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South Africa’s Aviation Authority Grounds Comair’s Flight Operations Indefinitely
Comair Limited — a British Airways franchisee — which also operates Kulula Airlines in South Africa had its Air Operator’s Certificate (AOC) suspended indefinitely. The carrier failed to adequately demonstrate to the South African Civil Aviation Authority (SACAA) that its risk and safety management systems are up to scratch.
What was supposed to be a 24-hour grounding of all Comair planes over safety issues was recently extended indefinitely — following the airline failing to address findings communicated to it by the regulator. In 30 years, South Africa has not seen a single fatal commercial airline incident and hopes to keep it that way.
According to the country’s Civil Aviation Authority and its spokesperson, Phindiwe Gwebu, it was their job to maintain the best safety interests of both passengers and airline staff.
Prior to the civil aviation investigation and report into Comair’s safety shortfall last week, several safety incidents had been reported. SACAA’s visit to Comair sought to investigate and determine the cause of a spate of occurrences affecting “a concerning number of flights operated by Kulula and British Airways Comair”.
“The SACAA sought to confirm Comair’s compliance with applicable Civil Aviation Regulations (CARs). The inspection was also aimed at reviewing Comair’s quality control management system (QC) and safety management systems (SMS) to establish compliance related to reporting, analysis and follow-up on occurrences, and corrective action plans to prevent recurrence,” the Civil Aviation Authority said.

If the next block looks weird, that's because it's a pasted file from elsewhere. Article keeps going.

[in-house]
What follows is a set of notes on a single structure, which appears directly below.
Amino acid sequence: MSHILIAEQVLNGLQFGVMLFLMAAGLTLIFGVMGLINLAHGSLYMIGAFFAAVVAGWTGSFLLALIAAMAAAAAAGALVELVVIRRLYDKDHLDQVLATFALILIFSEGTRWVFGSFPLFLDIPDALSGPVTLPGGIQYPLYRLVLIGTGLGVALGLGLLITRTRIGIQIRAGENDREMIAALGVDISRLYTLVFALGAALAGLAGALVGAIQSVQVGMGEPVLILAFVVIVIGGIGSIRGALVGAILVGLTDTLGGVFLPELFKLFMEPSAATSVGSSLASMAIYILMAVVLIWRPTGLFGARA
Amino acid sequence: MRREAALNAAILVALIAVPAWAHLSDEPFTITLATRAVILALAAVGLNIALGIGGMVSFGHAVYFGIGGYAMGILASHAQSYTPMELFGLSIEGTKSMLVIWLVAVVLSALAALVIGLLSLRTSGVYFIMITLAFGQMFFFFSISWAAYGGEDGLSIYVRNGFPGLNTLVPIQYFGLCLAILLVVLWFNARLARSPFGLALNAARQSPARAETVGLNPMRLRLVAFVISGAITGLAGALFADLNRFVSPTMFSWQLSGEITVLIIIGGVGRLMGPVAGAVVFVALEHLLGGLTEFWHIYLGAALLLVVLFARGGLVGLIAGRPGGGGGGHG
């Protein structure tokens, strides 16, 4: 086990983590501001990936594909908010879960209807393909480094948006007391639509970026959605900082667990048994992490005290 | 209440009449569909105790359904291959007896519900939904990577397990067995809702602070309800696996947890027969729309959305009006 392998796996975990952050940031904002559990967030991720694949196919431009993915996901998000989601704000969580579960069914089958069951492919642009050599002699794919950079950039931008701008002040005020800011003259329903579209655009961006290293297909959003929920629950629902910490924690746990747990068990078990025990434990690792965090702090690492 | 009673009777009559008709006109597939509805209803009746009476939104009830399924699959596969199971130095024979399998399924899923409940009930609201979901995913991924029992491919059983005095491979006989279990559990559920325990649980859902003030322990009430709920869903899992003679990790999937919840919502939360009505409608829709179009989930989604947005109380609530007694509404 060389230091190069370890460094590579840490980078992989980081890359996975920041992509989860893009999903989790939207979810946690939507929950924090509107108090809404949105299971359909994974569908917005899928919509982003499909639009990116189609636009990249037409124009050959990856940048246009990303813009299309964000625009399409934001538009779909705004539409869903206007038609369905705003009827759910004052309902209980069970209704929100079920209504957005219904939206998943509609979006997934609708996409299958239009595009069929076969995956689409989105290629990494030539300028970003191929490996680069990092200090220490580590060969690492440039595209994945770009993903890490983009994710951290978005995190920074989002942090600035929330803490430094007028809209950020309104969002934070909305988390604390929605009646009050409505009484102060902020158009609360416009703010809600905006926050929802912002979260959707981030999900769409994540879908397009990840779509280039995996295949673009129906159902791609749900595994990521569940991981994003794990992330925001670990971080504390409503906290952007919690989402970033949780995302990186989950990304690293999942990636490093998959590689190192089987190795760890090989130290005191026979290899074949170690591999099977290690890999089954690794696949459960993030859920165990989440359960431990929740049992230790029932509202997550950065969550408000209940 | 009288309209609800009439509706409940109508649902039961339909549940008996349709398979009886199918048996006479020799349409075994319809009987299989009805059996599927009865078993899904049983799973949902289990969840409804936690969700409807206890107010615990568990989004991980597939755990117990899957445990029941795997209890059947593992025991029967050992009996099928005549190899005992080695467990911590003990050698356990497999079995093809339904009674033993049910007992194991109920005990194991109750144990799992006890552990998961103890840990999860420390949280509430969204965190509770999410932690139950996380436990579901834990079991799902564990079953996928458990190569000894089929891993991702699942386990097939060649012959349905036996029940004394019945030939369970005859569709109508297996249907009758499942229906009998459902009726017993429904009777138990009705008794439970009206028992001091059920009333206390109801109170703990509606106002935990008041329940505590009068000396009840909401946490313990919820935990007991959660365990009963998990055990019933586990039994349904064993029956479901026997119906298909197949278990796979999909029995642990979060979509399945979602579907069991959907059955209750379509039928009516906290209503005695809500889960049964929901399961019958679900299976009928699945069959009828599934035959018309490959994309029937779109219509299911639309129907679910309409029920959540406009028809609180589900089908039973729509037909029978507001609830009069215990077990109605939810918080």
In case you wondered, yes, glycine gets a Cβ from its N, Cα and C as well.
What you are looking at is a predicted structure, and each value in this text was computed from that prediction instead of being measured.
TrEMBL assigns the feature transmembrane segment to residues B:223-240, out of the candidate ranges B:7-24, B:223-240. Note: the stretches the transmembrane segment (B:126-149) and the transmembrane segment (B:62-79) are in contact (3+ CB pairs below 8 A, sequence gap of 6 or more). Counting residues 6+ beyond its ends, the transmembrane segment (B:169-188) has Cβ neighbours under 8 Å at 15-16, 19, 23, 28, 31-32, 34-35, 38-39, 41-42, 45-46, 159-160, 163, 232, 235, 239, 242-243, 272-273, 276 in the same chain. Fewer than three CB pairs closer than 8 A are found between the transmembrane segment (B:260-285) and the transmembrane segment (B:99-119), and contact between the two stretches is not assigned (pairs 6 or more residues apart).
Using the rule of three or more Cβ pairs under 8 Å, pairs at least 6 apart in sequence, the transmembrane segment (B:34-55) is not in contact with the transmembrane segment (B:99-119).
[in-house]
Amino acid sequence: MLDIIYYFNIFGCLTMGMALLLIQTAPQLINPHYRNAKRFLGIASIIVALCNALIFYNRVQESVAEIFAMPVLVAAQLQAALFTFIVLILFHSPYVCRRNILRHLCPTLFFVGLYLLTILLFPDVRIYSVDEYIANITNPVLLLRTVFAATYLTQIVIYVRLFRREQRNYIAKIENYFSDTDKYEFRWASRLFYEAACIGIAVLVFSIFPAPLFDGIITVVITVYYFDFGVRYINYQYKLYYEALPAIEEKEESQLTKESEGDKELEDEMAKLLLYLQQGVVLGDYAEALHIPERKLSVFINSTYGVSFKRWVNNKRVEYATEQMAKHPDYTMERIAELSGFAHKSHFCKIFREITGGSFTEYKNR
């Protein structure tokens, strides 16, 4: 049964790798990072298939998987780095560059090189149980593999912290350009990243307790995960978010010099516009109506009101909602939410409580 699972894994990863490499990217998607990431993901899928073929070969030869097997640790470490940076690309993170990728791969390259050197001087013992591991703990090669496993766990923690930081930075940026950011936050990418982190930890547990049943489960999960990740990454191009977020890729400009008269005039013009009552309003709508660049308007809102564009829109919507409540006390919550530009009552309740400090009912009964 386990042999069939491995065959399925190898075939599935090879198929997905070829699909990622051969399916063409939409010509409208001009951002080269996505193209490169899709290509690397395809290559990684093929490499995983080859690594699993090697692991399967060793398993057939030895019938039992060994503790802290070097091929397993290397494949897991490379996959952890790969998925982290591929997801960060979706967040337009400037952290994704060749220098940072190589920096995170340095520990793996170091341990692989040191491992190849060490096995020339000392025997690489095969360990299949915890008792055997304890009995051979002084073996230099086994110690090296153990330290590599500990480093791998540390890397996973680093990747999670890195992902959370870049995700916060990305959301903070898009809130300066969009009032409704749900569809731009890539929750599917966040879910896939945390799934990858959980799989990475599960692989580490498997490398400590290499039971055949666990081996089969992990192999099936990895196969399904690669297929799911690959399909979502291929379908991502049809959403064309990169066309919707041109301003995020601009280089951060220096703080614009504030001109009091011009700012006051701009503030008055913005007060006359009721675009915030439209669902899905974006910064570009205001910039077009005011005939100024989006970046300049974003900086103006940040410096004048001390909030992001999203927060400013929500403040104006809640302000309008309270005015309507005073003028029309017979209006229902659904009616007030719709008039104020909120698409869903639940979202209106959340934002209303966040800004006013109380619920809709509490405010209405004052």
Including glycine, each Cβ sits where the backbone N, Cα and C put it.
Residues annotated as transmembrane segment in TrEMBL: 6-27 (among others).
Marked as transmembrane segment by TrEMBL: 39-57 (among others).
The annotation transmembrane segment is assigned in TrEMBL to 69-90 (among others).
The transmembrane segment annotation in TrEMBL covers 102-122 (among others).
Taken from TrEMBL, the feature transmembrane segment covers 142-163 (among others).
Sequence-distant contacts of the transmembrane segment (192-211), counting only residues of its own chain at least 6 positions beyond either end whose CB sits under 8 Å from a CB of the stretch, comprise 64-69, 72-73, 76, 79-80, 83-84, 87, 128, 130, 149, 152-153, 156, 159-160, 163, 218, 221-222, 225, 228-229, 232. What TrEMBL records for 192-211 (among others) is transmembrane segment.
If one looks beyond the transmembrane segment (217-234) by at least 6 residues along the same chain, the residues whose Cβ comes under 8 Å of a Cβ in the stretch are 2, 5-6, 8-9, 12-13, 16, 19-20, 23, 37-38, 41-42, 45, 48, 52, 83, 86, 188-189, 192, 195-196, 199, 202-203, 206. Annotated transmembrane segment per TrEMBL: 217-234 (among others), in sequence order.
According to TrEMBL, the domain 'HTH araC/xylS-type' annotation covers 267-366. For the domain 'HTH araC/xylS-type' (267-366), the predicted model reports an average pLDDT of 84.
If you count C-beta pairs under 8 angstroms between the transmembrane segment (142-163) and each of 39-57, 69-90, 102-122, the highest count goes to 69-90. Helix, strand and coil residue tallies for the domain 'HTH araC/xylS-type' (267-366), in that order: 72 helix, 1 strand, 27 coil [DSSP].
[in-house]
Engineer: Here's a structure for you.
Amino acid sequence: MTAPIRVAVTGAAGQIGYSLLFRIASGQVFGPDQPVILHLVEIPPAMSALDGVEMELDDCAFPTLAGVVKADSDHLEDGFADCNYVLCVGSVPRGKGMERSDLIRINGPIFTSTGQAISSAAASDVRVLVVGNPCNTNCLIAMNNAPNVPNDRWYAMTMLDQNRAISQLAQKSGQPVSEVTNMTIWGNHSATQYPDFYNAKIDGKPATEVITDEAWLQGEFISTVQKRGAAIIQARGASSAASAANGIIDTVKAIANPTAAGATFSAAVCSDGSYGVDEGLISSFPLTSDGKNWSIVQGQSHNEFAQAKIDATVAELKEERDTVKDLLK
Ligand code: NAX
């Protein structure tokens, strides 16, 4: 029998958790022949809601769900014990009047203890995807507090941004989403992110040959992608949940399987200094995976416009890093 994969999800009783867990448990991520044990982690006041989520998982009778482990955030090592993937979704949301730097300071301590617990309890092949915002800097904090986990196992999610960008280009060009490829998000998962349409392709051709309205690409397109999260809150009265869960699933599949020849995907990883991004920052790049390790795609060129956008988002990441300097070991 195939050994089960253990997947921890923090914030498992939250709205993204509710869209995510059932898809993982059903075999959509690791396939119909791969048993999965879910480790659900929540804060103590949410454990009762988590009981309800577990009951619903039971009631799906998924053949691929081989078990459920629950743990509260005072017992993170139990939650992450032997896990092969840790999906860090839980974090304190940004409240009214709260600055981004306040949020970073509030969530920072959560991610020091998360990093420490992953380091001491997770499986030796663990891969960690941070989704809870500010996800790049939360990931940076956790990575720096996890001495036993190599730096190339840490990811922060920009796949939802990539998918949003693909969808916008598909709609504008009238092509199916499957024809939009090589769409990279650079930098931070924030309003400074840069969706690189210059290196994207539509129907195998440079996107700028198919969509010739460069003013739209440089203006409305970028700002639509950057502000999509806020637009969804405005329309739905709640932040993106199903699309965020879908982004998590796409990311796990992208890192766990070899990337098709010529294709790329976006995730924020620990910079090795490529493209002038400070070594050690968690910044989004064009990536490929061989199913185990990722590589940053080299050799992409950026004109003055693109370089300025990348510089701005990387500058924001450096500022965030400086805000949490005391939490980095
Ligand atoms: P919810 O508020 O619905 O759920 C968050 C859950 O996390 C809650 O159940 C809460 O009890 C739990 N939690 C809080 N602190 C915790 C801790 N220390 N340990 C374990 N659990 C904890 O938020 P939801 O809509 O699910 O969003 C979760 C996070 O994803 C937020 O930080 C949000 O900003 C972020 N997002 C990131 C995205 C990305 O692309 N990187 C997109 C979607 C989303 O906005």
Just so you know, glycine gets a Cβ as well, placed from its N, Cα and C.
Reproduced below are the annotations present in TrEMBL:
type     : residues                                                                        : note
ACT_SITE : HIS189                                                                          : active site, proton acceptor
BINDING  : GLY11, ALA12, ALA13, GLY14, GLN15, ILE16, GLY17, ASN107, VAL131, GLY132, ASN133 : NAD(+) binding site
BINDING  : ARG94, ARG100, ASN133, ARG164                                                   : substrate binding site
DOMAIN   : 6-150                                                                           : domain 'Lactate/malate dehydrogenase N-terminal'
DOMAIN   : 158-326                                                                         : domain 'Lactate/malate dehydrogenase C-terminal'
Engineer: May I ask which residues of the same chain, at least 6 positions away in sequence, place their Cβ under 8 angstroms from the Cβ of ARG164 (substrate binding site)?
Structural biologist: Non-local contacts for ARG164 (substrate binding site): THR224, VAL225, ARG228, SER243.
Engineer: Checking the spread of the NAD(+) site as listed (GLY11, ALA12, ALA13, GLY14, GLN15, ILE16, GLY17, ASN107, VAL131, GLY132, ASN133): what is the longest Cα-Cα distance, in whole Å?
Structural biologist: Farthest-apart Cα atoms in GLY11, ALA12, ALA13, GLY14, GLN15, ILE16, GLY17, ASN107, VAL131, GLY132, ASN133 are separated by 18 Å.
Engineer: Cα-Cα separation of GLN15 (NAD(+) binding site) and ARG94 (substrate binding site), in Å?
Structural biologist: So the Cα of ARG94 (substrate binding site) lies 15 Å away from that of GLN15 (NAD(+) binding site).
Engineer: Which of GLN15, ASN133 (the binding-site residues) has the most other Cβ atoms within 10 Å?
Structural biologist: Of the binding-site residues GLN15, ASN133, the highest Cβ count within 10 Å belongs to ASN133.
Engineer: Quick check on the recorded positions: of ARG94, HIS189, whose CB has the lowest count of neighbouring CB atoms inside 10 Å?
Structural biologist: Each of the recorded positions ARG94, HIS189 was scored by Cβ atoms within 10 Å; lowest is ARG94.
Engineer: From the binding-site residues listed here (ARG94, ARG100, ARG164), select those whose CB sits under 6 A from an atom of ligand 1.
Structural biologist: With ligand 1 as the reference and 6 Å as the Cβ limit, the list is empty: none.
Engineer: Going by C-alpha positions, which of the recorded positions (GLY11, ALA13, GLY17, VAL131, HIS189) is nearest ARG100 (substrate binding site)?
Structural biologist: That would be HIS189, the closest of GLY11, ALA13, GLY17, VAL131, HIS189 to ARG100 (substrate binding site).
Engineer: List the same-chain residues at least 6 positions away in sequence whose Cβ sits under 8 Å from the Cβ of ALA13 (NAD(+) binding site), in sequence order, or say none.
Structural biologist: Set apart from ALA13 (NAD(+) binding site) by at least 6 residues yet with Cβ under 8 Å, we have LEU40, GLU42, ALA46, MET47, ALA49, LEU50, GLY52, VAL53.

The regulator raised three Level 1 findings, and one Level 2 finding, which according to regulatory standards, posed an immediate risk and called for operations to be shut down. This includes engine failures, flights being forced to reroute due to technical faults and others facing emergency landings after a malfunction with their landing gear.
While the regulator insists that it doesn’t issue such orders lightly, it also noted that it is committed to returning Comair planes to full service as soon as possible.
However, the commitment to safety in this case “supersedes any other need and this is to ensure that South Africa maintains its safety record of having zero fatal airline accidents in over thirty years on South African soil. The lives of our aviation personnel and the users of civil aviation services is paramount, and it is a responsibility the regulator does not take lightly.”
Meanwhile, Comair’s majority trade union, the National Union of Metalworkers of South Africa (NUMSA) said that they were not surprised at the decision to halt Comair flights.
“We are deeply concerned about workers and the safety of the public at large given these very serious occurrences,” Numsa spokesperson Phakamile Hlubi-Majola said. “We are not surprised at these unfortunate developments as we have been warning the airline from within, of the dangers of their cost cutting measures and that this would eventually have the impact of compromising safety standards, by not giving their aircraft enough ground time for proper maintenance.”
The Workers Union has called for the company’s CEO, Glenn Orsmond, to step down immediately.
“We demand that Comair focus on running the company and implementing a clear turnaround strategy. They must stop cutting salaries and benefits of the lowest paid workers in the company as this has clearly proven not be a solution. The CEO Glenn Orsmond does not have a vision to turn the organisation around and this is contributing to the crisis,” Hlubi-Majola added.
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